Since 29 April, Médecins Sans Frontières (MSF) medical teams in Nepal have started reaching people, spread across isolated mountain villages, by helicopter and on foot. The districts of Dhading, Gorkha, Rasuwa and Sindhupalchowk were hit hard on 25 April by a 7.8 magnitude earthquake, and little or no assistance has reached many villages.
While the most critically injured people were evacuated in the days immediately after the earthquake, those remaining have been trapped in their villages as roads and walking tracks have been cut off by avalanches and landslides. MSF medical teams are flying by helicopter to assess the needs and provide assistance in these remote villages. From 29 April to 4 May, MSF’s medical teams saw people in more than 15 villages.
On 3 May, an MSF team also set up a temporary clinic in the area of Chhapchet, in Dhading district, and began providing basic healthcare and minor surgical interventions. The team will work to spread the word in the surrounding villages that people can now come to the clinic to receive care. On 4 May, another team landed in Lapubesi in Gorkha district, and will stay for three days to provide medical assistance in the area.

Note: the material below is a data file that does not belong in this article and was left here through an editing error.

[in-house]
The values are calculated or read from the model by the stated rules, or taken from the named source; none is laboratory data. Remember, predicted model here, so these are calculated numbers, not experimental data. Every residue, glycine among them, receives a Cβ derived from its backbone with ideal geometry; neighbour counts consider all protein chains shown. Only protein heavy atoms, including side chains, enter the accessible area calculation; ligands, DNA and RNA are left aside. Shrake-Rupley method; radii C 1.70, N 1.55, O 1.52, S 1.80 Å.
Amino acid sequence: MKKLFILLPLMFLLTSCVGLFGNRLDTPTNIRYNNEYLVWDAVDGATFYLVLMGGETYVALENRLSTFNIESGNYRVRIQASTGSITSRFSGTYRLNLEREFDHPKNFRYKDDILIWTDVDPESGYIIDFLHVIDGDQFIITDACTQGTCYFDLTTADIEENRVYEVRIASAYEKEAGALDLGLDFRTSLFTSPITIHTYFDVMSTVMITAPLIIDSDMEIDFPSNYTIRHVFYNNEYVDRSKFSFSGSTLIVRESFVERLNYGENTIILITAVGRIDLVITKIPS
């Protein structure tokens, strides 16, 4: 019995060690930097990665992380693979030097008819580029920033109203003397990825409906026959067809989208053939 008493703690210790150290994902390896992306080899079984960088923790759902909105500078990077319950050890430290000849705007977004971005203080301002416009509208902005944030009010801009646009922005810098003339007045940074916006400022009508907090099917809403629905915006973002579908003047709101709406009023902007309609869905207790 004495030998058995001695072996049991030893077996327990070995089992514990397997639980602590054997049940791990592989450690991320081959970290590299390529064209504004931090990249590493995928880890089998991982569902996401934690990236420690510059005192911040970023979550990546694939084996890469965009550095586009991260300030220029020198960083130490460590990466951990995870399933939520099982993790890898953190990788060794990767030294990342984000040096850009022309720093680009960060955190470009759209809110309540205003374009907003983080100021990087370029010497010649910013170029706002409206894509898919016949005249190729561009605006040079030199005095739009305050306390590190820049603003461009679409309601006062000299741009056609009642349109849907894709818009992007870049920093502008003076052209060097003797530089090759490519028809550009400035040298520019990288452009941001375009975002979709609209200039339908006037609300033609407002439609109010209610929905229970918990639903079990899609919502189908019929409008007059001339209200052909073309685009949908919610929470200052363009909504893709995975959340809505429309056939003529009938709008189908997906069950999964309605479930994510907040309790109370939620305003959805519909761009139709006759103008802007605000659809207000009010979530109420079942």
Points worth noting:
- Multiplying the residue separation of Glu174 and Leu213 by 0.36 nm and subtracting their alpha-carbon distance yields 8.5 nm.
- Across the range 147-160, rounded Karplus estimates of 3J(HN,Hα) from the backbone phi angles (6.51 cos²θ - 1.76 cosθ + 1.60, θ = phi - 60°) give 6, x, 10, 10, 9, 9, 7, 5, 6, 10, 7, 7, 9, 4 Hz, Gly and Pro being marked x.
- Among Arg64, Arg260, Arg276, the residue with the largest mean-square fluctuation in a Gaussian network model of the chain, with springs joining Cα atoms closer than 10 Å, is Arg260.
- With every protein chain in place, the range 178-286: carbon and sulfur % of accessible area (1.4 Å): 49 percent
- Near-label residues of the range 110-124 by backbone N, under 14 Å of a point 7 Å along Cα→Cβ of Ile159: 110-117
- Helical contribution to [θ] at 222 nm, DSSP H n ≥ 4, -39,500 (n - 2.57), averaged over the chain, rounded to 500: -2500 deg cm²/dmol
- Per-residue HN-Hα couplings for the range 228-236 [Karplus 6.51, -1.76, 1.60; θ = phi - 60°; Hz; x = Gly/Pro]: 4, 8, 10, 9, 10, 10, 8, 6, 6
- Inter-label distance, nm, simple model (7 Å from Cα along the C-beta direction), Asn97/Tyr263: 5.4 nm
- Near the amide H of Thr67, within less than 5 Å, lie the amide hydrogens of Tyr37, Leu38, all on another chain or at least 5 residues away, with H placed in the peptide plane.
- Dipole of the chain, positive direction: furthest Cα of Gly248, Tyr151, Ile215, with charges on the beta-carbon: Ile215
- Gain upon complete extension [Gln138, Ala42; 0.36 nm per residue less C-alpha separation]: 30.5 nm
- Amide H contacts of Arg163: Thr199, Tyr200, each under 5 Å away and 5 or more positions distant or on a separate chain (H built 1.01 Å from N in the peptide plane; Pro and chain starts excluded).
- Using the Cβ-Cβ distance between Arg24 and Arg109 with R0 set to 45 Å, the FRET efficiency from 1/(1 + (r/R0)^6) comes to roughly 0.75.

“We are seeing people in need of basic healthcare, as well as a number of people with wounds sustained in the earthquake that have now become infected,” says Anne Kluijtmans, an MSF nurse. “We are cleaning and dressing wounds, as well as distributing antibiotics and pain medication. We have also treated cases of pneumonia, including among children.”
Food, shelter and mental health needs
With many villages completely or partially destroyed, the most significant need is for shelter, while some of the more isolated villages in the mountains are facing shortages of food. MSF teams have started distributing high energy biscuits and blankets in Kyanjin Gumba in Rasuwa district, and in Nampa Golche in Sindhupalchowk district. They have also provided more than 500 shelter kits in Gorkha district.
Our teams are continuing to look into effective ways to transport both food and shelter materials into the mountains, where temperatures at the higher altitudes are dropping below zero at night.